Sunday, July 24, 2016

Beyond free Trade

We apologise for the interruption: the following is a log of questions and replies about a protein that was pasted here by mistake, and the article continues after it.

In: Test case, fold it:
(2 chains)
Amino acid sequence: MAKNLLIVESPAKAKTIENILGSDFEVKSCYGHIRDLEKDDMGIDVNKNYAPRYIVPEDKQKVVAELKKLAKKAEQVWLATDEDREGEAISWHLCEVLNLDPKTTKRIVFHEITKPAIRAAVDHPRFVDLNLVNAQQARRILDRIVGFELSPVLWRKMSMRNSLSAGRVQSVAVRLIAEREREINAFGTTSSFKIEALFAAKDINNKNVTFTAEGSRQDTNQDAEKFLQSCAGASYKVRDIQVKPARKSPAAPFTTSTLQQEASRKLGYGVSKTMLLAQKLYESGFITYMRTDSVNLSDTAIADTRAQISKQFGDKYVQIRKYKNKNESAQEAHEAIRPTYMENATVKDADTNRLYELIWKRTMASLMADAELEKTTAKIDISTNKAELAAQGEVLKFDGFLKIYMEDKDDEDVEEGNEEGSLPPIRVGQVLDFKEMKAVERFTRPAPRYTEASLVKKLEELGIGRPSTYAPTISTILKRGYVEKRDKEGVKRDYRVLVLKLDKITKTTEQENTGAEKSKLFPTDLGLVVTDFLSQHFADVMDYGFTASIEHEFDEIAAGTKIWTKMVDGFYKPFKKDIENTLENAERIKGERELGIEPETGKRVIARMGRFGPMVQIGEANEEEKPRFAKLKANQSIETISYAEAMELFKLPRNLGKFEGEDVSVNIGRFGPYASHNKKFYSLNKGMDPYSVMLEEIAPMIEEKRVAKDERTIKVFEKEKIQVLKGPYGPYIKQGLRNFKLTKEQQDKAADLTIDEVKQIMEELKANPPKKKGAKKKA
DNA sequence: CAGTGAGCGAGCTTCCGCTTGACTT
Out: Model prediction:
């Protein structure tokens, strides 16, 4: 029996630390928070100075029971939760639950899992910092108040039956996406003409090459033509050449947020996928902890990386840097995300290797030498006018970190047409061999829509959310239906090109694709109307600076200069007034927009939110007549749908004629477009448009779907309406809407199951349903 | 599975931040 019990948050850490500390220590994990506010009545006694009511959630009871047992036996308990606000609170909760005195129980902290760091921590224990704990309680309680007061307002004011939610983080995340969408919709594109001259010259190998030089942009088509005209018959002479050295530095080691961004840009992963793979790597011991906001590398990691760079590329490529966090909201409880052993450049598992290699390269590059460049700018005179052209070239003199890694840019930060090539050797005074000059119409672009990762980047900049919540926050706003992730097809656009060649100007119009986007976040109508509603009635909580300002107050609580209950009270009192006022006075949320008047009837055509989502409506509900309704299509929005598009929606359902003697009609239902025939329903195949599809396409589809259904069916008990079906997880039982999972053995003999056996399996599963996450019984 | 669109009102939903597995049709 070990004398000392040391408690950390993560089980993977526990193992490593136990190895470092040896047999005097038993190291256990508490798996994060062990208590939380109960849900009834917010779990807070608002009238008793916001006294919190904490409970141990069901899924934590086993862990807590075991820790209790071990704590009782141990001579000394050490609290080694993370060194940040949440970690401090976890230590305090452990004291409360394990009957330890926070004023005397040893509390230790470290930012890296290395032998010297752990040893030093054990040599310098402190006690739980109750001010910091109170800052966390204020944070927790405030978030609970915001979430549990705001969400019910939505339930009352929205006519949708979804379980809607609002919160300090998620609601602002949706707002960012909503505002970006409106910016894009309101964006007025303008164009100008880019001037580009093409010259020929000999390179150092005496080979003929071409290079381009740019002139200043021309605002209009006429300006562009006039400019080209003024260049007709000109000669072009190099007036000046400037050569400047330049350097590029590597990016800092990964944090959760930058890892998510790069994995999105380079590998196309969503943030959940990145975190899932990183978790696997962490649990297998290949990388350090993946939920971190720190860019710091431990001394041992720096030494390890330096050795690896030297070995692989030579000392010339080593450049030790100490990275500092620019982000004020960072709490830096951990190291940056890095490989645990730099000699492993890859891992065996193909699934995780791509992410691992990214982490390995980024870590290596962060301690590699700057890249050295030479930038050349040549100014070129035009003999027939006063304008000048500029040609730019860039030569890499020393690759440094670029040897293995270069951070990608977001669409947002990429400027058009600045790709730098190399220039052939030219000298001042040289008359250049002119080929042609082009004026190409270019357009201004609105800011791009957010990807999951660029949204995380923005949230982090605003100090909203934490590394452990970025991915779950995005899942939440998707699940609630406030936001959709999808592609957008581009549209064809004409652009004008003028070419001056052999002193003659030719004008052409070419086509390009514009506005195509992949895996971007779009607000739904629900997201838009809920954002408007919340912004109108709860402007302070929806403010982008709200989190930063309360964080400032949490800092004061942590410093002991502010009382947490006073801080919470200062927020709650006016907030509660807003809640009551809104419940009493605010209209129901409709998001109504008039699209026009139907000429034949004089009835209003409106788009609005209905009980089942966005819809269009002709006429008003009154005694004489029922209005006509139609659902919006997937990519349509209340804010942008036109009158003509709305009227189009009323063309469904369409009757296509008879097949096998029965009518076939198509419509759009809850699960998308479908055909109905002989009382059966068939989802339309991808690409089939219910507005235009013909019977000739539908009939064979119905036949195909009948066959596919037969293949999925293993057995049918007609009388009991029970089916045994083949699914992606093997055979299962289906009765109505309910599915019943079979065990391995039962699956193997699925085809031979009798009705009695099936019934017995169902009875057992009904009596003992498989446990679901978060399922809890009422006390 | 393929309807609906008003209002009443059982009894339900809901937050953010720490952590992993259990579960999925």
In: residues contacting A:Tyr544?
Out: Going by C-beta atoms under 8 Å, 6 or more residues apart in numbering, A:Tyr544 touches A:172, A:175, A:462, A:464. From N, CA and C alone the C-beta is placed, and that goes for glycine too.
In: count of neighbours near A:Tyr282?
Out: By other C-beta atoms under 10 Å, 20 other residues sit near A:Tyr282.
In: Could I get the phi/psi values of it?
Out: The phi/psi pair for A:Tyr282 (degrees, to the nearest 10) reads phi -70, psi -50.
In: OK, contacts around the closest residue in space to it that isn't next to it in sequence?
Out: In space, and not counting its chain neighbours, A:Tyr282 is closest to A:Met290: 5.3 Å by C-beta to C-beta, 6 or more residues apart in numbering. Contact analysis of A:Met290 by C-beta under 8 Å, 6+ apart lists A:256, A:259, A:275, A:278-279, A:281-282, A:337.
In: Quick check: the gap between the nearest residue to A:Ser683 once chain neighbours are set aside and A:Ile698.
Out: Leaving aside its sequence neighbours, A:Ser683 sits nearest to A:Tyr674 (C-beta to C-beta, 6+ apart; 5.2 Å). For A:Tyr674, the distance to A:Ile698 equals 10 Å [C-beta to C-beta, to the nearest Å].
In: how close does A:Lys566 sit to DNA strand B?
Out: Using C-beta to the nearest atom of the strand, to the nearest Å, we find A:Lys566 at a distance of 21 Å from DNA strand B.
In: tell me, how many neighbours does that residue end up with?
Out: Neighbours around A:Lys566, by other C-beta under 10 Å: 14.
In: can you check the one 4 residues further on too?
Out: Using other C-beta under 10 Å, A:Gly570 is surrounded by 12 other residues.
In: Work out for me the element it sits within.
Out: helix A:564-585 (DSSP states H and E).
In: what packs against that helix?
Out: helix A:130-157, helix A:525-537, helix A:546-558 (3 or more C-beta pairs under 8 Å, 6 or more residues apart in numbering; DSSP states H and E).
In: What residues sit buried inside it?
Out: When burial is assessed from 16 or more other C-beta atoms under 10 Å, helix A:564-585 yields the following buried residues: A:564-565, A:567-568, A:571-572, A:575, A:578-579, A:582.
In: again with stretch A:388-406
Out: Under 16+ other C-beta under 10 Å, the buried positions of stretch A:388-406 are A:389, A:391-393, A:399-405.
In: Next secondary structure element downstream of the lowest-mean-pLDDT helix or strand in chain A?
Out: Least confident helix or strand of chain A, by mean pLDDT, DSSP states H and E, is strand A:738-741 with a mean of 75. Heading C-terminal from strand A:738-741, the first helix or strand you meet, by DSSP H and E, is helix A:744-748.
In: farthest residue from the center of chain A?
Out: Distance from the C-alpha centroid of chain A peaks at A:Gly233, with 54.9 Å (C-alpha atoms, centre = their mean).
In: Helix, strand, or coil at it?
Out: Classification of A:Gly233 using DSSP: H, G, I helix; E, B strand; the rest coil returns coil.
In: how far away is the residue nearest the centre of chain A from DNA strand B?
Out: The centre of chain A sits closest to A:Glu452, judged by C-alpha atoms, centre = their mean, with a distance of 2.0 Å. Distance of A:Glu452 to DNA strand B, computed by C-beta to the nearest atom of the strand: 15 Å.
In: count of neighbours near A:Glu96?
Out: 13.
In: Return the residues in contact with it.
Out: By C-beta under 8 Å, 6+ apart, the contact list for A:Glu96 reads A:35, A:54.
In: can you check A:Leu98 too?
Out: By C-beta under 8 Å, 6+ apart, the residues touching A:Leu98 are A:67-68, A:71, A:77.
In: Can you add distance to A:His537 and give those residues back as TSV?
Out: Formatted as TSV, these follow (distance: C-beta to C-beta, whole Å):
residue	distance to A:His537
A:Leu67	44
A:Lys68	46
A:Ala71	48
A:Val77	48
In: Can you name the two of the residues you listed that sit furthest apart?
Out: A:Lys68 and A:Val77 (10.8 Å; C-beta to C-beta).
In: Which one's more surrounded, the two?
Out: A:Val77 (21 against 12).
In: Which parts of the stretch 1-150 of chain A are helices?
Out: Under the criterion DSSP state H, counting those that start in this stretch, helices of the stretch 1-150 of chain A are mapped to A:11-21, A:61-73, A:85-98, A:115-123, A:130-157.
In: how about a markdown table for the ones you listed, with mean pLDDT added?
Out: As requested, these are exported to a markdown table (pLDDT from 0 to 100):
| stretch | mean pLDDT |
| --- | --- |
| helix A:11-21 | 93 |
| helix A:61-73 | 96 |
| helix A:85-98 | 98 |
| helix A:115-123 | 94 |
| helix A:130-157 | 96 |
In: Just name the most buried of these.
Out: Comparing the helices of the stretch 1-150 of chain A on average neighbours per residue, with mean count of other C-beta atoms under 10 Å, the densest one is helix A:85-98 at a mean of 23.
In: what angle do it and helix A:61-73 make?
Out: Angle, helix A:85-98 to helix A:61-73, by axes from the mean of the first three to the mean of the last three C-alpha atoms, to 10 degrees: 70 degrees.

Last April, according the World Trade Organization (WTO)in its Press release 768, free trade growth indicators for the years 2011-2015, had a path very close to the GDP global growth. It grew less than a 3% annual rate (Y/Y).For the year 2016, the WTO is expecting that Free trade will grow at 2,8%.Before the financial crisis (2008),Trade was growing at a rate twice higher . This outcome is not somehow unexpected , and in fact it is probably the new trend:Trade growth growing a slower pace. From the above arise some hard questions, and no less both complicated and worrisome answer: a.- Does free trade by itself able to get higher welfare level for a community?. If it does , trade would be always expanding higher .The fact suggest the contrary.Free trade seem to be a necessary, but not a suficcient condition to improve welfare at a steady rate.- b.- What about the answer the mainstream models supporting free trade does provide?.The Heckscher-Olhin model, states that following key assumptions, free trade improve the welfare of a community as a whole, but not necessarily to each of its members individually considered.In other wordss, Free trade does not solve income distribution, and it may allow some people, get higher benefit than others. Thus,it follows that to improve the social value of trade, it is required an effective complementary public policy. Doing so, it allows to get the highest impact of trade upon welfare.- Moreover, free trade means that all resources are fully mobile. This means that as long as resources move everywhere any time ,coupled with trade expansion, theres is a "job creation" and a "job destruction" outcomes, which do not match each other up,such the outcome is a relocation of jobs to keep employment level at the same level.It rather means that in somes places "job destruction" may be higher than "job creation".The underlaying assumption is that because its higher prices and value added, capital intensive goods, becomes more profitable than labor intensive goods one, to be part of trade flows.Besides, two homogeneous countries in terms of technology development , capital intensive goods,complementary chain value, and high human capital and income level, may get higher benefit from trade taking place among them.- On the other side (heterogeneous contries), capital subtitute labor, at a faster rate than the arising new opportunity jobs for those left behind.No doubts, in this case, both an effective and efficient public policy, is needed to cope with this implications.- But , the following implications are even more troubling: As the world becomes interconnected and smaller, at an increasing rate ,the current approach to negotiate trade based upon regional blocs, makes geography a negotiation tool,aside from market size. Because of Geography ,there are countries , that are in a better position to get more from free trade today, than they were before. The European Union for instance, may get a better trade agreement as such, now than in the beggining of such experience (1999).Latin america pacific ocean boundaries countries, can get a better trade agreement now, than the were able in the nineties. So, geography matter for better trade deals and outcomes , which it is not just about markets. Finally, taking into account the above, some conclusions becomes clear to explain trade flows trend.Two issues becomes the most relevant: a.- Trade by itself do not seem to replace effective public policy for improving its impact on social welfare. b.- Geography is as much important as markets as input for better trade. c.- A Sucessful Globalization depend upon an evolution from free trade to better trade, which at the end imply that politics have also something to say when it comes to better trade.-